I’m back with a recap of what I learned from this year’s Food and Nutrition Conference and Expo (FNCE)!
FNCE is the world’s largest meeting of food and nutrition experts, with more than 10,000 dietitians, nutrition science researchers, policy makers, health-care providers and industry leaders in attendance.
I’ve attended the conference many years now and always enjoy learning the latest on nutrition research and hot topics. (I actually spoke at it myself in 2015, which was a big honor!)
Above with Alexis
I already shared the food/social adventures I got into while at FNCE (check that post out first if you missed it!), so now it’s time to get down to more serious (educational) business.
As in previous years, I attended the event as press, which meant I received free registration for the conference in exchange for writing about it. If you also have a blog or are a freelance writer/journalist and would like to attend FNCE as press in the future, check out their media page for details on how to apply.
It’s always hard to distill what I learn from the FNCE educational sessions (both ones I was able to attend in person, and ones I reviewed the slides for after the fact) into brief highlights, but here’s my shot, featuring the ones I thought you readers would be most interested in.
Sowing the Seeds: An Analysis of Modern Wheat
The write up of this session sounded fascinating, and it did not disappoint.
Fun fact: GMO wheat is not commercially available in the U.S. This surprised me! Also, wheat supplies 20% of the world’s protein intake – wow.
In the late 1800’s, industrial milling made it easy (and cheap) to remove the bran and germ, and white/refined grain products became commonplace. There is now a market for locally milled whole grains gaining popularity, but a bottleneck exists because there aren’t yet enough local mills.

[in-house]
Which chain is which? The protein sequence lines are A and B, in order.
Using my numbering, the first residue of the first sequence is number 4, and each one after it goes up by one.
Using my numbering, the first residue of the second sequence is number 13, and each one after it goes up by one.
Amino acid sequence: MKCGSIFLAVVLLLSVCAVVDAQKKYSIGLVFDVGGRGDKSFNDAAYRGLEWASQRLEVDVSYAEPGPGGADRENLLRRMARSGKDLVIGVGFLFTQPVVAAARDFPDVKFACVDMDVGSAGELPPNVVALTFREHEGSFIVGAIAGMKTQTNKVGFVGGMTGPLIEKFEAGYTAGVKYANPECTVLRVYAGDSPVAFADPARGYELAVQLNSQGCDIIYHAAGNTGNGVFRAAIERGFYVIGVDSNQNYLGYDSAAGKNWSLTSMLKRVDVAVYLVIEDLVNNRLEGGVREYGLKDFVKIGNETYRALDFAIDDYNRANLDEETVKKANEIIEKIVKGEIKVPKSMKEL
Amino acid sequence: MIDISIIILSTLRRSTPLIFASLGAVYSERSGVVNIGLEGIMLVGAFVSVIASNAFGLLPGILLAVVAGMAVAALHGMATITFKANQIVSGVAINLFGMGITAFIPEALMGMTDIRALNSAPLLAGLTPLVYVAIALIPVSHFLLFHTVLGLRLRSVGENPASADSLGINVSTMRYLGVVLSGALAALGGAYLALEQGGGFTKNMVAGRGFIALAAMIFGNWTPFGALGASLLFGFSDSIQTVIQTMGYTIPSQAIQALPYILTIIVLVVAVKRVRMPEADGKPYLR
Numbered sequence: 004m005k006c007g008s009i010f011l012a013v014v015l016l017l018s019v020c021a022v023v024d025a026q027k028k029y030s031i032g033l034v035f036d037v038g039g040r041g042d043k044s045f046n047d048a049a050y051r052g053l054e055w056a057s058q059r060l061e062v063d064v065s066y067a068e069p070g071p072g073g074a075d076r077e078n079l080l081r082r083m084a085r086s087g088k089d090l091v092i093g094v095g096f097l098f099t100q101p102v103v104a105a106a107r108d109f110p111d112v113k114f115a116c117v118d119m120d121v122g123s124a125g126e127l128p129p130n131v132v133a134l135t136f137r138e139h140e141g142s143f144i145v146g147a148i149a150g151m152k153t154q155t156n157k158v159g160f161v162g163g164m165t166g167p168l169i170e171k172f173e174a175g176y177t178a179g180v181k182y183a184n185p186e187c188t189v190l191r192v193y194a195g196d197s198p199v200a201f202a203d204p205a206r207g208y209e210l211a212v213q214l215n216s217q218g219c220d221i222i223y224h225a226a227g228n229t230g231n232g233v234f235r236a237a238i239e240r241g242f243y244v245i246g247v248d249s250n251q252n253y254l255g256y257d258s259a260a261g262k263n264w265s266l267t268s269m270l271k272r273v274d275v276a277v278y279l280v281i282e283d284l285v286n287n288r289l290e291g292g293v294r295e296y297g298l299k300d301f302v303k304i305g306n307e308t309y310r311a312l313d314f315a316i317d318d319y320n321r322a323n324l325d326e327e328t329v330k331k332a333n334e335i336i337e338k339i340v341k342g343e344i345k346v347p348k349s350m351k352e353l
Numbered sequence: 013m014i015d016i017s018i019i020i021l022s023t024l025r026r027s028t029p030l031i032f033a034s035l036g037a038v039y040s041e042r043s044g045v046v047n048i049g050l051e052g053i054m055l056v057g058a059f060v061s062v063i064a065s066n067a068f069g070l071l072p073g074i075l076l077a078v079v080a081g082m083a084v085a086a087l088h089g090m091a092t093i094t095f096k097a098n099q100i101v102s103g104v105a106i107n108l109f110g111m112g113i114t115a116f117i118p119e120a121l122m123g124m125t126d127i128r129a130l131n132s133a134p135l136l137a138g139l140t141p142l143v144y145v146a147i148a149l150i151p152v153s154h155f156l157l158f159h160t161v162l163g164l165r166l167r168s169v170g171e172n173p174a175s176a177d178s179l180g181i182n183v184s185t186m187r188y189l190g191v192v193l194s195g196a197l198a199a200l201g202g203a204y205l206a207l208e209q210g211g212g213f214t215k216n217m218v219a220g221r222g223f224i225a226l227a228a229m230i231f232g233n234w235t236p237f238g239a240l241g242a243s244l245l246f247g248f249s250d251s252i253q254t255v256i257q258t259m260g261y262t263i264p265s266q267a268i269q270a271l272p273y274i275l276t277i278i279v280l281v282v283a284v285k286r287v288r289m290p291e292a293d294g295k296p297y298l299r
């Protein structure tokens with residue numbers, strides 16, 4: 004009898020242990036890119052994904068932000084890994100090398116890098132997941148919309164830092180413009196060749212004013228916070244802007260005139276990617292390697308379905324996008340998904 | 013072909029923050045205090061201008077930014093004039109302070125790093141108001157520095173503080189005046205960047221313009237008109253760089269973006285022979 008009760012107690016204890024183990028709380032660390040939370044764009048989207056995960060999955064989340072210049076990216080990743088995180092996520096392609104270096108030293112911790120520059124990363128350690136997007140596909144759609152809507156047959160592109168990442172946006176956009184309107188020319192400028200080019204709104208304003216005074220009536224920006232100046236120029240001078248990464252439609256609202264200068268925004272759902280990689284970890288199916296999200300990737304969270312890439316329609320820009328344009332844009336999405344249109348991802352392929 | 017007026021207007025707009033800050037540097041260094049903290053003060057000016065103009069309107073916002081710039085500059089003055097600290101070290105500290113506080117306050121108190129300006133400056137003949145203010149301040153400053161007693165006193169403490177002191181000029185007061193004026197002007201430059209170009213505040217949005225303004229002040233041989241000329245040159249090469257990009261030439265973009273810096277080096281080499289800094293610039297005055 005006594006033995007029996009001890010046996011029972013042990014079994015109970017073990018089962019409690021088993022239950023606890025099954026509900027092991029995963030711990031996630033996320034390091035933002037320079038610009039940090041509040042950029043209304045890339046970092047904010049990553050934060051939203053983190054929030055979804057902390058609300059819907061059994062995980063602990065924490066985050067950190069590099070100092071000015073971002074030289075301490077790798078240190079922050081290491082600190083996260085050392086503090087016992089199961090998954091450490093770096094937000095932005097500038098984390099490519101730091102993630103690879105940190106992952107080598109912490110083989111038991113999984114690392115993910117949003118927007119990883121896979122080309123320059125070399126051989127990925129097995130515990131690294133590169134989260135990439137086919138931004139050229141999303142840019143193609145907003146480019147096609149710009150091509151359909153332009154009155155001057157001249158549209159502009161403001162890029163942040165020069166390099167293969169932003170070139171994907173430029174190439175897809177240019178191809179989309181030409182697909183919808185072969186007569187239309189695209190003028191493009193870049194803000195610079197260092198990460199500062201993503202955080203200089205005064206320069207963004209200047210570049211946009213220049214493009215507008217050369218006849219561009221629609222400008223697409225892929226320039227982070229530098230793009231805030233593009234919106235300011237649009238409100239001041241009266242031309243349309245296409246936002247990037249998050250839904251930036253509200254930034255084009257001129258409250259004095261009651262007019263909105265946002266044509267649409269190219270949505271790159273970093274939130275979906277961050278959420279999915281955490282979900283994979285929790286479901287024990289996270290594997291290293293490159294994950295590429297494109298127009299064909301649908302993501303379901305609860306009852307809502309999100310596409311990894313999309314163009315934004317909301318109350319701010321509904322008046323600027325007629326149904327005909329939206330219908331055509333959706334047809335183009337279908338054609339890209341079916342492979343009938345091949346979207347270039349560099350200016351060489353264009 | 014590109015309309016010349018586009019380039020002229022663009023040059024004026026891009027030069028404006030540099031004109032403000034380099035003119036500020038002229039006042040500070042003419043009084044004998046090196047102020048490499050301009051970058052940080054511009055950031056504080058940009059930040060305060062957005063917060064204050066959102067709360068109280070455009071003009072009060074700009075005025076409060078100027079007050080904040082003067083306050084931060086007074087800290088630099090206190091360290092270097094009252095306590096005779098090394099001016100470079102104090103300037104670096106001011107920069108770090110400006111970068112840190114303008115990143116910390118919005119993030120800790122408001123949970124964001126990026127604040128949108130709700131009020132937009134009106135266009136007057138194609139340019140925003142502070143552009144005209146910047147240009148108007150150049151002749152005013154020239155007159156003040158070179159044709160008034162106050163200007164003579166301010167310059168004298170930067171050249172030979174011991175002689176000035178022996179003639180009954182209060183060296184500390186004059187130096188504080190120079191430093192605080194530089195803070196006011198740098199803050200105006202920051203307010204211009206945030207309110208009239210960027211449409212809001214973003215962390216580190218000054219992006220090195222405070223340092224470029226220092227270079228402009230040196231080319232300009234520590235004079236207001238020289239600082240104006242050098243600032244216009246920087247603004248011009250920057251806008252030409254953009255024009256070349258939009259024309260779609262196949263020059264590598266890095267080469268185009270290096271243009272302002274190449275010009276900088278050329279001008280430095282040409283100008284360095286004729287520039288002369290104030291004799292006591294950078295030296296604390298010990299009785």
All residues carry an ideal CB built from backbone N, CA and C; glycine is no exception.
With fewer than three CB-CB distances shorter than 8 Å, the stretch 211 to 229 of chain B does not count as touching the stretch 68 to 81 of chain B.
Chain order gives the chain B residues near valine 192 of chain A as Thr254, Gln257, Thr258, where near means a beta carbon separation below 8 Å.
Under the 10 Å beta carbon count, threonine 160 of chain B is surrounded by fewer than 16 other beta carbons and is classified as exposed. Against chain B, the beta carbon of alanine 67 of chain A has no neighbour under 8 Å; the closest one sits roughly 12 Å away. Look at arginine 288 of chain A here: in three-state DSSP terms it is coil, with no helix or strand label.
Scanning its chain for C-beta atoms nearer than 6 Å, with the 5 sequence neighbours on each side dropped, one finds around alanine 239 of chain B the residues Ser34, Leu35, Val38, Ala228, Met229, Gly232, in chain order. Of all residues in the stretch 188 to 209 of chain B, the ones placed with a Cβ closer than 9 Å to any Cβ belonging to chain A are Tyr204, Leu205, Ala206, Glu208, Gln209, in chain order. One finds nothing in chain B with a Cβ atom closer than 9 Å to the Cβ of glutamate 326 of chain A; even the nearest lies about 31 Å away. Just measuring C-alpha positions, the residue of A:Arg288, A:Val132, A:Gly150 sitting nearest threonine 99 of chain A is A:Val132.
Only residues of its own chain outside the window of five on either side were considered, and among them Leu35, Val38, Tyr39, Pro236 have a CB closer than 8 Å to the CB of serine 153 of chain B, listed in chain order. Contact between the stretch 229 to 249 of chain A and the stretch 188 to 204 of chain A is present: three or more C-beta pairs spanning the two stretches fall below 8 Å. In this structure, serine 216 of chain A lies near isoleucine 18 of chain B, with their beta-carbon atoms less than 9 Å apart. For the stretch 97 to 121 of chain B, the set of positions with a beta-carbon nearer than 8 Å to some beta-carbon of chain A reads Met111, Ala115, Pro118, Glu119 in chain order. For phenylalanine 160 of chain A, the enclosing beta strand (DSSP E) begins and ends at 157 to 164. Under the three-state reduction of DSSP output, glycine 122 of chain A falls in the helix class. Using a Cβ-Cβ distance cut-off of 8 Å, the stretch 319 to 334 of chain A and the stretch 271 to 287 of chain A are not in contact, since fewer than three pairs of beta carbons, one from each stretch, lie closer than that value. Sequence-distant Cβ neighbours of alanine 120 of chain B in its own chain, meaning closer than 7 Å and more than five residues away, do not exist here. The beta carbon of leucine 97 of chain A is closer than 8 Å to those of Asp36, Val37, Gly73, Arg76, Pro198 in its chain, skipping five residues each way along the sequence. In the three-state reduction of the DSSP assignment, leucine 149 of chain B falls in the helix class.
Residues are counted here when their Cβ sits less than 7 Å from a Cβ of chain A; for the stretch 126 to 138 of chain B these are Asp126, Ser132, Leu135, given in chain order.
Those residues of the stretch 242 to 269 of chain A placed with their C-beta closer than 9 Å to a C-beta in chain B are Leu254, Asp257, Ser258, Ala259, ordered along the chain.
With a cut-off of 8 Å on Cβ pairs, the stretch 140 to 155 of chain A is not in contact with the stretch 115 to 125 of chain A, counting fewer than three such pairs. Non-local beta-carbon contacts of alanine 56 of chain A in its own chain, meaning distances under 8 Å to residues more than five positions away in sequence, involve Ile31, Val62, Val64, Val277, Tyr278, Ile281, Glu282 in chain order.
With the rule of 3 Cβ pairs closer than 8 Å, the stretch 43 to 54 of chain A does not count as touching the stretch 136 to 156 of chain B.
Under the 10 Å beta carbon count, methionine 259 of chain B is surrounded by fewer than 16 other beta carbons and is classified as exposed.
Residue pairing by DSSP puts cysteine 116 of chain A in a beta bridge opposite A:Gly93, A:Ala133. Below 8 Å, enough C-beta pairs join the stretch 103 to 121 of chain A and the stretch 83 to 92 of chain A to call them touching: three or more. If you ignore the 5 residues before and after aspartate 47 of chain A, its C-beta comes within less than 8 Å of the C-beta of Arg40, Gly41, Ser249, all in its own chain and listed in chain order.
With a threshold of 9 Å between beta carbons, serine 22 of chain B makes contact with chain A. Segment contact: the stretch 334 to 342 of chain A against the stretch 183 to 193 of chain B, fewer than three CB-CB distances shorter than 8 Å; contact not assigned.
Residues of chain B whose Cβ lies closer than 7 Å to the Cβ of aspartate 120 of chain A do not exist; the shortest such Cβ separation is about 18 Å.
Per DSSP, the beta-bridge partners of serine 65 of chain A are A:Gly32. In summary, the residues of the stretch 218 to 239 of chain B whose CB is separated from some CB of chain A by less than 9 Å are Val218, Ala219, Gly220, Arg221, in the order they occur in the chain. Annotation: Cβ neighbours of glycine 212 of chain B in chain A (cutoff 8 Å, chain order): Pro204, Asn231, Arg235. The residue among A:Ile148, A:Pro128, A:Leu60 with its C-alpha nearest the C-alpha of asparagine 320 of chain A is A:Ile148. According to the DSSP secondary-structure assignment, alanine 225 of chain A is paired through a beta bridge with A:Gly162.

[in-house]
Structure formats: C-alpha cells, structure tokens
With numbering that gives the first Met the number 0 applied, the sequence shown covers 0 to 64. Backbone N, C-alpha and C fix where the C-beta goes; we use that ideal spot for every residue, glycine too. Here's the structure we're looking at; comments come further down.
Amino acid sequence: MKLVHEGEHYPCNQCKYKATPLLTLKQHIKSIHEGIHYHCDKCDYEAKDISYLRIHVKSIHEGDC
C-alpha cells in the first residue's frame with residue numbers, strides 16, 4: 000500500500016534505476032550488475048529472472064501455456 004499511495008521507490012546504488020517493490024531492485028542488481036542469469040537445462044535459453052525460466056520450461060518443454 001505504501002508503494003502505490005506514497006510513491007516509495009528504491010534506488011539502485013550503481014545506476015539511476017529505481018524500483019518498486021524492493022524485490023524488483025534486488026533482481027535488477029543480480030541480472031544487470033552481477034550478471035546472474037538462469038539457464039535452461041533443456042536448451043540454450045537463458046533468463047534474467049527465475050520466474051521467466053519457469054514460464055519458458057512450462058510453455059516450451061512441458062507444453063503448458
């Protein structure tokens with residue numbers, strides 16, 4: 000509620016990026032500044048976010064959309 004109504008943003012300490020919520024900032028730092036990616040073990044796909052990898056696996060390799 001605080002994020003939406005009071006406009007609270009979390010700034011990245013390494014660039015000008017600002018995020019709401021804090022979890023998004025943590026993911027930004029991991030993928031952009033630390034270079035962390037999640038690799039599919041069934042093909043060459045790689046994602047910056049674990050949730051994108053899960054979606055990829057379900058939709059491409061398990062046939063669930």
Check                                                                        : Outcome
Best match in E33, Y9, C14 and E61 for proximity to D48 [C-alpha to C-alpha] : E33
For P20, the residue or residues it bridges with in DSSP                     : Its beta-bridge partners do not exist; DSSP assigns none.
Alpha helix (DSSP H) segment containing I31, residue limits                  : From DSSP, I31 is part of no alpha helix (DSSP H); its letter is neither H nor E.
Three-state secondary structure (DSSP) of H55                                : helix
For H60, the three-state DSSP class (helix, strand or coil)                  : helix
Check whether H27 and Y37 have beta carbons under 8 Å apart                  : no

If you want some recipe inspiration for whole grains, check out my Grain Salad Bowl Recipes and Turkey Veggie Barley Chili, plus this especially relevant recipe with Thanksgiving coming up: Leftover Turkey and Wheat Berry Salad with Cranberry Vinaigrette.
This session also discussed how modern wheat genotypes and processing may impact wheat sensitivity in people.
While no strand of wheat (or any amount of gluten) is safe for those with Celiac disease…
…Gluten is not necessarily always the problem for others; there are other components of wheat that can cause adverse reactions in sensitive individuals. Some people may react to the proteins (like gluten) in wheat, for example, while others may actually be reacting to the fructans (a fiber).
The fact that some people can tolerate some varieties of wheat better than others is a problem with modern processing because they are typically all milled together.
If you want to learn more, check out this research paper written by one of the presenters: A Grounded Guide to Gluten: How Modern Genotypes and Processing Impact Wheat Sensitivity.
Controversies in Practice: Alcohol – To Drink or Not to Drink?
I wanted to make sure to review this session because I feel like alcohol is a topic where advice is ALL over the map – “drink every day for heart health!” vs. “alcohol is the worst for your health, avoid it!” – and I wanted to see what the experts said.
First, here is what “moderate drinking” actually means:
- The majority of studies show a modest risk reduction of heart disease and type 2 diabetes with moderate drinking (defined in the above photo). But any more than that is detrimental.